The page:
State media reports suggest that hundreds of detainees, including many students and other young people, have been released since Jan. 6 after signing a pledge not to “re-offend.”
Meanwhil Rouhani, a relative moderate in a system in which Supreme Leader Ayatollah Ali Khamenei holds ultimate power, said on Jan. 8 that the Iranian people “have a legitimate right to demand that we see and hear them and look into their demands.”
Rouhani suggested the real targets of the protests have been the powerful conservative clerics who oppose his plans to expand individual liberties and promote better relations with Western countries.
“It would be a misrepresentation and also an insult to Iranian people to say they only had economic demands,” Rouhani told the state-run Tasnim news agency. “People had economic, political, and social demands”
“We must simply accept the fact that the people have the last word,” Rouhani said. “We [politicians] must accept that we are now sitting in a glass house.”
In comments echoing Tehran’s claim that the intelligence services of foreign countries were behind the protests, Foreign Minister Mohammad Javad Zarif warned other countries not to foment insecurity in Iran.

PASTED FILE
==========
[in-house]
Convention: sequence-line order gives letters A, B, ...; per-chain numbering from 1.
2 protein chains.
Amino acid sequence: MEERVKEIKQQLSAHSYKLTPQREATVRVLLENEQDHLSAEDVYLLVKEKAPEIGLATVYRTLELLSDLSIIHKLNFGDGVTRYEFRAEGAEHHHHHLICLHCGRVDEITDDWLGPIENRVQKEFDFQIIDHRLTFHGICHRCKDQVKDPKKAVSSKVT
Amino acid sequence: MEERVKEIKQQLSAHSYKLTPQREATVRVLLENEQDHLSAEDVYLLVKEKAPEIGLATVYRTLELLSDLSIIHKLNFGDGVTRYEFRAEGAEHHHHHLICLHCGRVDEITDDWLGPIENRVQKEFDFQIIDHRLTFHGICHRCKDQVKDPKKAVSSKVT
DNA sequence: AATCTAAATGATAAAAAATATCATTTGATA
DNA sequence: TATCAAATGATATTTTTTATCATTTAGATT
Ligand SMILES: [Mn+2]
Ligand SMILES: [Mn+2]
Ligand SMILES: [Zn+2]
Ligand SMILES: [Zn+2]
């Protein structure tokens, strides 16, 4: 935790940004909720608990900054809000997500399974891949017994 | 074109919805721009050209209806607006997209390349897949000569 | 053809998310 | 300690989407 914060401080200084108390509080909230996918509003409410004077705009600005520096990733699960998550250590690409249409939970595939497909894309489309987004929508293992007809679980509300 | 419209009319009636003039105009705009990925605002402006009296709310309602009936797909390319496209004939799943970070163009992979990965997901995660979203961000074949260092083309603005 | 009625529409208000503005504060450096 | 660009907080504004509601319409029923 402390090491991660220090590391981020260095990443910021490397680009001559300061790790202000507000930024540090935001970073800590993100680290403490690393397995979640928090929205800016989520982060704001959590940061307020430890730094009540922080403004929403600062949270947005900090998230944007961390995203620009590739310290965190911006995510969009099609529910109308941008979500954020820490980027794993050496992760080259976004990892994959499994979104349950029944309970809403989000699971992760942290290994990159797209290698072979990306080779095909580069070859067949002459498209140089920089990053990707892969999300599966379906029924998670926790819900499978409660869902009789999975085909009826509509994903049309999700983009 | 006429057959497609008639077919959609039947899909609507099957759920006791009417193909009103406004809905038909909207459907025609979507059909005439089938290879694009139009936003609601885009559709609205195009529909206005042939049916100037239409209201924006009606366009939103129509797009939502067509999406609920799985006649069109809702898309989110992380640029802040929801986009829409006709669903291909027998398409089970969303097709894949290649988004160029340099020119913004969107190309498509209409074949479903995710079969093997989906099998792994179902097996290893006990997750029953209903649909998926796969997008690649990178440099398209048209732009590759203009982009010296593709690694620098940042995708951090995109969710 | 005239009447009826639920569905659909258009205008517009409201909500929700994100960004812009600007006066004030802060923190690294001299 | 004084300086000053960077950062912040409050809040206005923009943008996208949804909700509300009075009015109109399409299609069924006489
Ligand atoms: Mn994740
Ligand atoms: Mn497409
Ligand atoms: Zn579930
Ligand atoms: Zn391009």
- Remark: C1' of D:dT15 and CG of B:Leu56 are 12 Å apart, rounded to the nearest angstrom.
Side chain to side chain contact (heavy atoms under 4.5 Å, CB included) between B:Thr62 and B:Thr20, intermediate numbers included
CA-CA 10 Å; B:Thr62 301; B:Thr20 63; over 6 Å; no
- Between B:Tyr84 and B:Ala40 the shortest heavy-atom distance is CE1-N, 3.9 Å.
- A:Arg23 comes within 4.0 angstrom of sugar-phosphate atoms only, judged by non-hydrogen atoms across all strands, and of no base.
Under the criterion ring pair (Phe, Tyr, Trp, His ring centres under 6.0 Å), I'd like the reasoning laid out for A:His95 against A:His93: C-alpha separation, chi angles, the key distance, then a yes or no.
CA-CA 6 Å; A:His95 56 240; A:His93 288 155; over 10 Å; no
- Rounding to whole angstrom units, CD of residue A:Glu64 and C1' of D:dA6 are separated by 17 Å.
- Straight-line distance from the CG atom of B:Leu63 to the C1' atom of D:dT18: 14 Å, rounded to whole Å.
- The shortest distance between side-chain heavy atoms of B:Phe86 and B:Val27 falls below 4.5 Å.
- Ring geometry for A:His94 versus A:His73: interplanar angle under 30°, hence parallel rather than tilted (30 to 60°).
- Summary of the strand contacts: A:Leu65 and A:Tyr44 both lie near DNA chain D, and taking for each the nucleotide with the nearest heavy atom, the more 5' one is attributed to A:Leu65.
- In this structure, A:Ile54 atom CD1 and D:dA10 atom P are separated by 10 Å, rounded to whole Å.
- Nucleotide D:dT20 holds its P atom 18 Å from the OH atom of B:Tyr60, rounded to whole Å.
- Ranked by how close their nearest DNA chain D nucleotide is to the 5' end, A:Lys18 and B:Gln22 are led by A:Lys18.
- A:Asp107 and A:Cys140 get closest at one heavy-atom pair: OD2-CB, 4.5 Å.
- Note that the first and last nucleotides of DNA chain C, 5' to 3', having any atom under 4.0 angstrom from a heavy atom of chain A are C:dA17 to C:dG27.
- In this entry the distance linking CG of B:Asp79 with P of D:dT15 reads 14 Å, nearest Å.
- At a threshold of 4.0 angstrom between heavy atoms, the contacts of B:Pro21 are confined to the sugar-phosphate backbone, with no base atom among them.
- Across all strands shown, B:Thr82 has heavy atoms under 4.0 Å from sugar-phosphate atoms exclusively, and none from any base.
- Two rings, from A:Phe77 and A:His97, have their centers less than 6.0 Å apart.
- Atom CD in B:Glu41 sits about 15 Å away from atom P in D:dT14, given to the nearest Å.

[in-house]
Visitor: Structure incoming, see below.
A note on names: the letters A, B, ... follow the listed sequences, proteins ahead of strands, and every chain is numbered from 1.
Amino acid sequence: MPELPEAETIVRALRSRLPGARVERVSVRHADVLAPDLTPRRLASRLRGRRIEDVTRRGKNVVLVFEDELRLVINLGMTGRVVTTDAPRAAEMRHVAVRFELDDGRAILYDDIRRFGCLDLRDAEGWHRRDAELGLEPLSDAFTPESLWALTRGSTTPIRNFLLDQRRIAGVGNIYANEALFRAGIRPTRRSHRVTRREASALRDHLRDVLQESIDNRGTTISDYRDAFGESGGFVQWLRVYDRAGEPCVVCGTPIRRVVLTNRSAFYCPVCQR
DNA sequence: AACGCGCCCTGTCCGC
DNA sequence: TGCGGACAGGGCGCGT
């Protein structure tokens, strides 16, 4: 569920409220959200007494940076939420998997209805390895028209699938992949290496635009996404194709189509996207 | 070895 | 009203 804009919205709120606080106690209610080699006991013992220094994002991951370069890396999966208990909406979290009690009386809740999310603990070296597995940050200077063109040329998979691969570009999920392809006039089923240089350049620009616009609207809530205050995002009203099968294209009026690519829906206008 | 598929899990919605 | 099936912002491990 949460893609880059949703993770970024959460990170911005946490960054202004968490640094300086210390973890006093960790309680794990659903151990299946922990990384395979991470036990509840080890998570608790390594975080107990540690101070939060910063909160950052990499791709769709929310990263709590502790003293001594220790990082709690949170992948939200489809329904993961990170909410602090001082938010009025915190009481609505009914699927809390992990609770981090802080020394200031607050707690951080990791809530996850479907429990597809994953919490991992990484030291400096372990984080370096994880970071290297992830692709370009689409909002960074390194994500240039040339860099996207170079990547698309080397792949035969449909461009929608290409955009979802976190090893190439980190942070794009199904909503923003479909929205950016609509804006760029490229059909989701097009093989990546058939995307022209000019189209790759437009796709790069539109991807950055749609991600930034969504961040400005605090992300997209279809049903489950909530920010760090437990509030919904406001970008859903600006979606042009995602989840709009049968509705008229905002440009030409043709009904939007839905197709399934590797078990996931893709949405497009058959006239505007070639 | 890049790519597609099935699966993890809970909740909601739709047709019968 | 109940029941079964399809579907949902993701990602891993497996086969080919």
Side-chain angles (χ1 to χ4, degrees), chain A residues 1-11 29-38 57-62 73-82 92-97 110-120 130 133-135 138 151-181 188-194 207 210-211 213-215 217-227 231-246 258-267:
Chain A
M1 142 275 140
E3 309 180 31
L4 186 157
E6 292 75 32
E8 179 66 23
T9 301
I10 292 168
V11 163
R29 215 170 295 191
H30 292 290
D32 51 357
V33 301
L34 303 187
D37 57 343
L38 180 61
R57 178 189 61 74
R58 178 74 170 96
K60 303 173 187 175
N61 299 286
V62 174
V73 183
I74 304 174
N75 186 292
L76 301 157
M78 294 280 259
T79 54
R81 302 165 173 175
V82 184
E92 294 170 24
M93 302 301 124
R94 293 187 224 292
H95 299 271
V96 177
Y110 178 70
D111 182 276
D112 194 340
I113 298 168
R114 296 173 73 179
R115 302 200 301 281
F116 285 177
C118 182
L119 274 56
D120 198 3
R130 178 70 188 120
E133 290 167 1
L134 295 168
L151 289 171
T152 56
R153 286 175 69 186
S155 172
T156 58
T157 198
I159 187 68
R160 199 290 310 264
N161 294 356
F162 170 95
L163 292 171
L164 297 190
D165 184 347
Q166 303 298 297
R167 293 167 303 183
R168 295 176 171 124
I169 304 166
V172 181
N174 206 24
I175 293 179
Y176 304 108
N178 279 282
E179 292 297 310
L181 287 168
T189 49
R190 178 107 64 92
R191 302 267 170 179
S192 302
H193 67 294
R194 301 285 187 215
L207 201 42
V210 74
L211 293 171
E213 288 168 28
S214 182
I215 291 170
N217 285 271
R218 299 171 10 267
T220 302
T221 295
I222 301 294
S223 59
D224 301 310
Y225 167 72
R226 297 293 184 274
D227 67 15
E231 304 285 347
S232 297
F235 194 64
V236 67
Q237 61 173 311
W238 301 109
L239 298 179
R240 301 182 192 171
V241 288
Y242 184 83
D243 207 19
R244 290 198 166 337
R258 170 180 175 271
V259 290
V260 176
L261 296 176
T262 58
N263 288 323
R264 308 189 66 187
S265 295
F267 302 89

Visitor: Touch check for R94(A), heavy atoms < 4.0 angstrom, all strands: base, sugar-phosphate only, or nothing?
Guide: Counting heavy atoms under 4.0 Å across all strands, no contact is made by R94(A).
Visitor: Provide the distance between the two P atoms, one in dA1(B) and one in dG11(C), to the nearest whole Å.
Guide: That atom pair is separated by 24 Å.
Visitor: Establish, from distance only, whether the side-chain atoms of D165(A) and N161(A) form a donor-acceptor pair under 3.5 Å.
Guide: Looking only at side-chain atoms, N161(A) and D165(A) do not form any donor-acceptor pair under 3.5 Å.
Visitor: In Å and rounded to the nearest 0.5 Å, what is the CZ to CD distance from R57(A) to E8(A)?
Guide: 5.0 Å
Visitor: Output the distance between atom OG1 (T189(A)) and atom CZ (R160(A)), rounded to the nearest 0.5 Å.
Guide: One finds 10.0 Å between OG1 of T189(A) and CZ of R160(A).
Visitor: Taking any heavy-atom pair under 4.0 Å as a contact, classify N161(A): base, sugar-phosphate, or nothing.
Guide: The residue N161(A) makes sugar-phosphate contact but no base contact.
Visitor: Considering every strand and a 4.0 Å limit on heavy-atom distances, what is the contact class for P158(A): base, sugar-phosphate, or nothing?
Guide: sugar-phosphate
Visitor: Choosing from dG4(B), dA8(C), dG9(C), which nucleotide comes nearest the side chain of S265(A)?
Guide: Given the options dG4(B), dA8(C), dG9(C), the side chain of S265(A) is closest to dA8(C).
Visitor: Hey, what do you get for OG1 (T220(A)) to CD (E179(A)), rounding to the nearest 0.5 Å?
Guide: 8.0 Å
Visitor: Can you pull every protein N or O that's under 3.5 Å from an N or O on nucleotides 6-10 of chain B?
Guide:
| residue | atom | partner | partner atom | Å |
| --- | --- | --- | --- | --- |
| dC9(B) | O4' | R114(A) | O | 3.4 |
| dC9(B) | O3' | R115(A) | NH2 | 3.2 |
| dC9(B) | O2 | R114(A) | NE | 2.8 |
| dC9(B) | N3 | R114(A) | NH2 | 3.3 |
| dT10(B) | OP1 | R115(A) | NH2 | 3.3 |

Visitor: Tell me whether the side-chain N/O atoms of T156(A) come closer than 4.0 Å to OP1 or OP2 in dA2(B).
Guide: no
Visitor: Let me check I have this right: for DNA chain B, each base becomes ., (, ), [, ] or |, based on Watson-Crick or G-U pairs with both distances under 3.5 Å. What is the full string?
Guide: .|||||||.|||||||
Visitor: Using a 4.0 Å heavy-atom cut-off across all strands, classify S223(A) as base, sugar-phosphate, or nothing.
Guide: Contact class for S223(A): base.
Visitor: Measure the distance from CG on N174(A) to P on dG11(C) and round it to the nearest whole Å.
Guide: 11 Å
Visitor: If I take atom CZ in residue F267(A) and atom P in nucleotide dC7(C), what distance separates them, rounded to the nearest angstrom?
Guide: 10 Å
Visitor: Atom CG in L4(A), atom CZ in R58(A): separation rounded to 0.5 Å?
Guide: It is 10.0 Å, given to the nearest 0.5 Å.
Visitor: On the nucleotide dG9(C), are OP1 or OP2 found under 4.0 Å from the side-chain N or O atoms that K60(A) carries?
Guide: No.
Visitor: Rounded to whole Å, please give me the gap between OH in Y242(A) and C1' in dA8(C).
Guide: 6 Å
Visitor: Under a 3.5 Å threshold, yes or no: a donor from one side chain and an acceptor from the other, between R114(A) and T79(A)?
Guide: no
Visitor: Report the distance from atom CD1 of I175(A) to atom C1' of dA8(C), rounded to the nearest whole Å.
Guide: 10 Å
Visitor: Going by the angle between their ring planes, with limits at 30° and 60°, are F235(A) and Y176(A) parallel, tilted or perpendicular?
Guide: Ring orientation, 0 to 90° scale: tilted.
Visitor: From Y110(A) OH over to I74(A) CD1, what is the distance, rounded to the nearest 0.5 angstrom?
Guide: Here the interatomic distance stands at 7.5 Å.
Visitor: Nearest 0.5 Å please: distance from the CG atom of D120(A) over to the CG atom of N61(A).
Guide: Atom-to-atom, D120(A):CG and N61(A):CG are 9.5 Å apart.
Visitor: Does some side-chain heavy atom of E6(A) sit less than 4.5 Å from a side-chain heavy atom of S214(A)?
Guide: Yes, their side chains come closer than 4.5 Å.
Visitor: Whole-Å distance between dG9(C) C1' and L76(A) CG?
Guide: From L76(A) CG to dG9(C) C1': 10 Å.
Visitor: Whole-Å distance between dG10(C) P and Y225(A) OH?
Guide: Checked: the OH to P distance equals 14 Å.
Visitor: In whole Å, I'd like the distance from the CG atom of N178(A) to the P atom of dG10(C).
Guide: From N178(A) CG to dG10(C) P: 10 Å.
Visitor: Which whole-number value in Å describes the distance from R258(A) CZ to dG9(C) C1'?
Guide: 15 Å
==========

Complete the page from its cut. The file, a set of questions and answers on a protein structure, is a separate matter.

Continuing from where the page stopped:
Zarif told a security conference in Tehran on Jan. 8 that “no country can create a secure environment for itself at the expense of creating insecurity among its neighbors.”
The official IRNA news agency quoted Zarif as saying that “such efforts” will only backfire.
The United States has rejected Iran’s claims that Washington was behind the protests, which have led to the deaths of 22 people and the arrest of more than 1,700 others.
CIA chief Mike Pompeo denied on Jan. 7 that his agency had any role in the protests, but predicted the unrest “is not behind us.”
President Donald Trump has praised the protesters and said that Washington would throw its support behind them at a suitable time.
“Such respect for the people of Iran as they try to take back their corrupt government,” Trump wrote on Twitter on Jan. 3. “You will see great support from the United States at the appropriate time!”